Hilton will cut commissions paid on North American group bookings across its brands from 10% to 7% in October, following a similar move by Marriott International in January. It's an additional blow to agents specializing in meetings and groups.

Hilton, the second-largest U.S. hotel company by revenue after Marriott, cited rising costs associated with distribution and meetings facilities and the need to free more capital to improve those facilities as the reasons for the commission reduction.

"The one thing we all want is outstanding services and guest facilities," said Danny Hughes, senior vice president and commercial director of Hilton's Americas region. "All of these things require investment and time. We're hopefully creating the opportunity for owners to invest in all of those things for a better guest experience. It'll be a more sustainable business."

The policy could be particularly challenging for agents because Hilton operates many of North America's largest hotels, which tend to specialize in hosting groups. Specifically, Hilton oversees the largest hotel in both New York (the New York Hilton Midtown) and San Francisco (the Hilton San Francisco Union Square) as well as Chicago's second- and third-largest hotels (the Palmer House Hilton and Hilton Chicago) and Los Angeles' second-biggest hotel (the Hilton LAX Airport).

ASTA called Hilton's commission cut "disappointing."

"At a time when consumer usage of travel agents and advisors is on the rise and awareness of the irreplaceable role that agents play in the travel industry is growing, it is disappointing to see supplier partners moving in the opposite direction and devaluing their relationship with our members," ASTA CEO Zane Kerby said in a statement.

With Marriott's decision to reduce its group commission rates at the end of this month, Hilton's policy widens the swath of U.S. hotels that will no longer offer 10% commissions on group bookings. As of the end of last year, Hilton and Marriott oversaw U.S. hotels with more than 1.4 million rooms, or almost 30% of the total U.S. inventory of about 5 million rooms.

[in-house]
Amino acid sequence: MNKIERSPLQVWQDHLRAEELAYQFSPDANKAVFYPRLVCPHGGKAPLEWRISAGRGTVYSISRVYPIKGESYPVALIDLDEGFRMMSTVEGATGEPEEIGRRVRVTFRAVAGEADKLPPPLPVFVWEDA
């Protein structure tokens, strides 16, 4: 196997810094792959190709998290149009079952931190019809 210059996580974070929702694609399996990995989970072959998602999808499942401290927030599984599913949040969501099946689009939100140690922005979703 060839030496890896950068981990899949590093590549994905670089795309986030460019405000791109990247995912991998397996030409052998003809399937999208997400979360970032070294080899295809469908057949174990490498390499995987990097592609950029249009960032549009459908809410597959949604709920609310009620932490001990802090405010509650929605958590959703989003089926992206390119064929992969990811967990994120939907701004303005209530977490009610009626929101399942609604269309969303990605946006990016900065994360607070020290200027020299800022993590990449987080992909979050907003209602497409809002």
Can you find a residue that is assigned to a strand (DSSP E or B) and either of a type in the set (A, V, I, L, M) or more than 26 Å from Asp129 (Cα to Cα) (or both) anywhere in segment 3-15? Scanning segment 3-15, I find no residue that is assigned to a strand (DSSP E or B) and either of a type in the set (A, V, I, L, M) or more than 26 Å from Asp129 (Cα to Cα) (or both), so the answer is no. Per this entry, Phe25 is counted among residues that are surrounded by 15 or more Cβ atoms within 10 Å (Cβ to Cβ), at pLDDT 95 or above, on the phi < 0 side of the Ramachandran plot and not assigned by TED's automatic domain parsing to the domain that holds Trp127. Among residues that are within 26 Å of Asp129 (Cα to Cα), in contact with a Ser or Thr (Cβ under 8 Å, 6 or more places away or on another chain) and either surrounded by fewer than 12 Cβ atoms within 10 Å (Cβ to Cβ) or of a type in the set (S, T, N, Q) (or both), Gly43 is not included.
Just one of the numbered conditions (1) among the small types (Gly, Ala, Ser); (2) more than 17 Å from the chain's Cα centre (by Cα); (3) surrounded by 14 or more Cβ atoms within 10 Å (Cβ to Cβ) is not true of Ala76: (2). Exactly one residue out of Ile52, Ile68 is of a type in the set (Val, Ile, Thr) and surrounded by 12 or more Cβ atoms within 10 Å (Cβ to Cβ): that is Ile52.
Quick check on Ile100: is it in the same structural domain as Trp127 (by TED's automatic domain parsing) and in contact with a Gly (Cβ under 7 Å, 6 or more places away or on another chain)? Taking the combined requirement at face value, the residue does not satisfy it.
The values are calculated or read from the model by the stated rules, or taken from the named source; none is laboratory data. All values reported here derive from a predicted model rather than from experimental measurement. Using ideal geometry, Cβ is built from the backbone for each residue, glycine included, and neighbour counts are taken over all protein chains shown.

Additionally, the reductions impact a groups and meetings sector that accounts for about 15% of U.S. room nights across all hotels and can account for more than a third of room bookings at full-service hotels, hotel benchmarking company Kalibri Labs said in a report earlier this year.

In fact, groups and meetings account for about $30 billion in annual U.S. room bookings and another $110 billion in food and beverage, audiovisual services, ground transportation and other ancillary services performed by hotels, the firm said.

As a result, Hilton's decision could set the stage for pushback from the agent community, which largely voiced displeasure with Marriott upon its January announcement. ASTA CEO Zane Kerby, in a February interview discussing that company's decision, questioned Marriott's assertion that costs associated with group bookings were rising faster than revenue and argued that group bookings are often the most profitable for hotels because of ancillary revenue streams such as food and beverage, as well as guaranteed room rates.

"Personally, I think it's window dressing," said Jennifer Wilson-Buttigieg, co-president and co-owner of Valerie Wilson Travel, in a February interview responding to Marriott's claim of rising group costs. "When we make investments in new technology or talent, we don't go out to our partners and say, 'Our costs are rising.'"

Whether other large hotel companies, such as Hyatt or InterContinental Hotels Group, follow suit remains in question, though at least one competing hotel group indicated upon Marriott's announcement that lower group commissions would become the norm.

"I think decreased commissions will be the wave of the future for the larger chains," Elaine Macy, executive vice president, global group sales at Preferred Hotels & Resorts, said in February. "Looking ahead, I believe we will see that most large franchise brands will reduce commissions across the board and then have some type of back-end volume bonus for the major third-party planners to reimburse them for lost commission. It is unfortunate and doesn't have any heart, but I do see the business sense for these large chains as they try to take in pure volume based on the number of hotels they have and cut out the smaller independent planners."

Hughes declined to specify what percentage of Hilton's North America business was through groups, but he did say it was "significant" and "growing." He also said the group bookings commission reduction would be across the board and that there would be no exemptions.

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